[coreboot] [commit] r6626 - trunk/src/mainboard/asrock/e350m1

Scott Duplichan scott at notabs.org
Sun Jun 5 09:39:28 CEST 2011

Stefan Reinauer wrote:

]> +  // all cores: set pstate 0 (1600 MHz) early to save a few ms of boot
]> + __writemsr (0xc0010062, 0);
]> +
]why not use writemsr instead of __writemsr?

Hello Stefan,

The wrmsr function is certainly OK. I am in the habit us using the
Intel/MS functions because they are built into the Microsoft compiler
and therefore portable between all UEFI vendor code bases and any
other code that uses the MS complier. But portability with UEFI is
not the reason I still sometimes use these function types. Truthfully,
the coreboot wrmsr function seems awkward to me. With the Intel/MS
__writemsr function, any 64-bit value can be written with a single
statement. Coreboot code using wrmsr is often taking 4 statements to
do the same thing. While there is probably little difference in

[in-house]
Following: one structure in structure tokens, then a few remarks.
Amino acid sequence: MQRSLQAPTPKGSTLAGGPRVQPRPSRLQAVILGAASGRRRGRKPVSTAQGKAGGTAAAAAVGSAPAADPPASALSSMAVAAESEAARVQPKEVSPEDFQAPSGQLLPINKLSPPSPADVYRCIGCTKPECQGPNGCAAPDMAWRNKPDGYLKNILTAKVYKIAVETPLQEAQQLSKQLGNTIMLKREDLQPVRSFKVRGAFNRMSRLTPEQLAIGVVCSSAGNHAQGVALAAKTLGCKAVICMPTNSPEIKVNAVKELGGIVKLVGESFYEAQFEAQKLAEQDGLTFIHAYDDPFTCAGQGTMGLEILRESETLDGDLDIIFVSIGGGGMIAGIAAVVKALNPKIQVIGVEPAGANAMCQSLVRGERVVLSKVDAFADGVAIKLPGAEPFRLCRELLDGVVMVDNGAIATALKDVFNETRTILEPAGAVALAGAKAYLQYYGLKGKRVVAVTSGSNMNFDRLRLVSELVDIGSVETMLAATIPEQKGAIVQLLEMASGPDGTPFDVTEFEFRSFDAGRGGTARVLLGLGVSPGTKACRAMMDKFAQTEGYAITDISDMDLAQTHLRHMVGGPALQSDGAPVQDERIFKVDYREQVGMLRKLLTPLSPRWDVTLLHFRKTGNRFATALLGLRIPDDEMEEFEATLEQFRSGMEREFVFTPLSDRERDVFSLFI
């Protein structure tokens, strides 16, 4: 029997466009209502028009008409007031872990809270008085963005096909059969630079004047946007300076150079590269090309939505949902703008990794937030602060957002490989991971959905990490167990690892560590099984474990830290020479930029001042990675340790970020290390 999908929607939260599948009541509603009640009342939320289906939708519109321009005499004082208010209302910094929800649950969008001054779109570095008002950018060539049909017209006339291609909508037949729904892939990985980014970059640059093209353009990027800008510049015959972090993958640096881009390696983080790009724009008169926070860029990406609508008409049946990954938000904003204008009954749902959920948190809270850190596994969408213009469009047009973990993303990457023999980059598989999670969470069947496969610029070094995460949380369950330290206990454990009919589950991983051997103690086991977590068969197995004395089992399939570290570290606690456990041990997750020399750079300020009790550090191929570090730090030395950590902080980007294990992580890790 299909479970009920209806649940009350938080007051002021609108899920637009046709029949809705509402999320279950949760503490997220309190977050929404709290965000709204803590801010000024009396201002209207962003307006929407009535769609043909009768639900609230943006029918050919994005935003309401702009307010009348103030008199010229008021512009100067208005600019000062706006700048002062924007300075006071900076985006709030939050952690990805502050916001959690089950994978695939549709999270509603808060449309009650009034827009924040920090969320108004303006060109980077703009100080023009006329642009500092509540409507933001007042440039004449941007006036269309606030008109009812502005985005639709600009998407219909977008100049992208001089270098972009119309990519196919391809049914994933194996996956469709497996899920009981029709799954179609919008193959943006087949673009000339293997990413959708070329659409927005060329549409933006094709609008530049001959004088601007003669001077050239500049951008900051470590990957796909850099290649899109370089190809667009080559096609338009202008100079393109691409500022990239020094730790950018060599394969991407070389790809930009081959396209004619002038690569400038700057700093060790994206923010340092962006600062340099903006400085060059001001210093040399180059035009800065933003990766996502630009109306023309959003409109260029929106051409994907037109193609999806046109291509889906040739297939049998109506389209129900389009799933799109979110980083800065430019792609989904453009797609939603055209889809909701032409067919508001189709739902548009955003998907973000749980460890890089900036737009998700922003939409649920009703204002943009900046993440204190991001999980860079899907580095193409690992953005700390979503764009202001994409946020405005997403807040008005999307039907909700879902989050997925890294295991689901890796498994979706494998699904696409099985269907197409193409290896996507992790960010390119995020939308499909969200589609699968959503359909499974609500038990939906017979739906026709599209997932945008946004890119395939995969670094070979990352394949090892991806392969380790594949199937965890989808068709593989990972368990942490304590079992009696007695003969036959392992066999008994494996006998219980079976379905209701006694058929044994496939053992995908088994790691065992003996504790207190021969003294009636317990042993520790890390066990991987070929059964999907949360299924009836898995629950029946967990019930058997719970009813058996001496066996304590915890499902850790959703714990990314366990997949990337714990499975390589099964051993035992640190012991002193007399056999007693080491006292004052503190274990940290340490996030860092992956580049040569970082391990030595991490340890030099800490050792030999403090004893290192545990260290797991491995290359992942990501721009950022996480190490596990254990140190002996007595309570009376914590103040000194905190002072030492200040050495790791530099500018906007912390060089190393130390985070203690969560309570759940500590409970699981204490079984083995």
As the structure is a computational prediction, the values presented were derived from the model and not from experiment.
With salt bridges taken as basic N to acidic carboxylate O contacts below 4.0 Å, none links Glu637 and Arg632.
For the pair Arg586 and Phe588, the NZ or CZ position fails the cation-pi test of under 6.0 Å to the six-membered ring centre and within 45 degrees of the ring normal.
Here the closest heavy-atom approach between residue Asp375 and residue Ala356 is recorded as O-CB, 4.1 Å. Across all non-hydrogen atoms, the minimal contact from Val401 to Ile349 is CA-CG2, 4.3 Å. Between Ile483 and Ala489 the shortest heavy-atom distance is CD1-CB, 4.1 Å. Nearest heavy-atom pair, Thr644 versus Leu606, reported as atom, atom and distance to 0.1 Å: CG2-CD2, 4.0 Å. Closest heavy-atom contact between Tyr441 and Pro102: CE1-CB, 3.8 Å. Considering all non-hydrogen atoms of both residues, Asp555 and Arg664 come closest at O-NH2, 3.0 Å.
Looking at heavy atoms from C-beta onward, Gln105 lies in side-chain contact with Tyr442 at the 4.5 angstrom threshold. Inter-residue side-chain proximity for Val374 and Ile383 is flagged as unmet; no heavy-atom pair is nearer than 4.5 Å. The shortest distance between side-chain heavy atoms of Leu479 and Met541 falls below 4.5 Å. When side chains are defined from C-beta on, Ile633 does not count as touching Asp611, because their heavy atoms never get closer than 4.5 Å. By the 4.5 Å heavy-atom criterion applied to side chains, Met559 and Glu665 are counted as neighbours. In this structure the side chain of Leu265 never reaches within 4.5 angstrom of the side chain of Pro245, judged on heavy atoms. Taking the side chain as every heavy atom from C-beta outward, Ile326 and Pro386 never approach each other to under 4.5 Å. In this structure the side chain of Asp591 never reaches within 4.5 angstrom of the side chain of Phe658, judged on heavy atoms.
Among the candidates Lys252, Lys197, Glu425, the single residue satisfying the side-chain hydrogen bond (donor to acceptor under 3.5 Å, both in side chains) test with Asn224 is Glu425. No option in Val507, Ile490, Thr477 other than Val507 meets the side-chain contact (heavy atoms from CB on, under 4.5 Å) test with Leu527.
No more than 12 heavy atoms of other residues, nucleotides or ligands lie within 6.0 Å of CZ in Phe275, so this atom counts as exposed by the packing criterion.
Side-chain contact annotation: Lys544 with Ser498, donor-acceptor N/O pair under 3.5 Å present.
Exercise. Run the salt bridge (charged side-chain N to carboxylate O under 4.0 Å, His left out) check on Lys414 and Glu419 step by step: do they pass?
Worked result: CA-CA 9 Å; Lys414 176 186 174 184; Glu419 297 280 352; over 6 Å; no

generated code, using the coreboot wrmsr function does require more
source code typing. I also find it less readable. For example,

// set bit 46 of NB_CFG_MSR using wrmsr function:
msr_t msr;
msr = rdmsr(NB_CFG_MSR);
msr.hi |= (1 << (46 - 32));
wrmsr(NB_CFG_MSR, msr);

// Making msr_t a union that adds a uint64_t would allow:
msr_t msr;
msr = rdmsr(NB_CFG_MSR);
msr.all |= 1 << 46;
wrmsr(NB_CFG_MSR, msr);

// The Intel/MS style uint64_t prototypes allow:
__writemsr (__readmsr (NB_CFG_MSR) | 1 << 46);

A question I have wanted to ask for a while is why coreboot
doesn't use 64 bit integers in situations like this?


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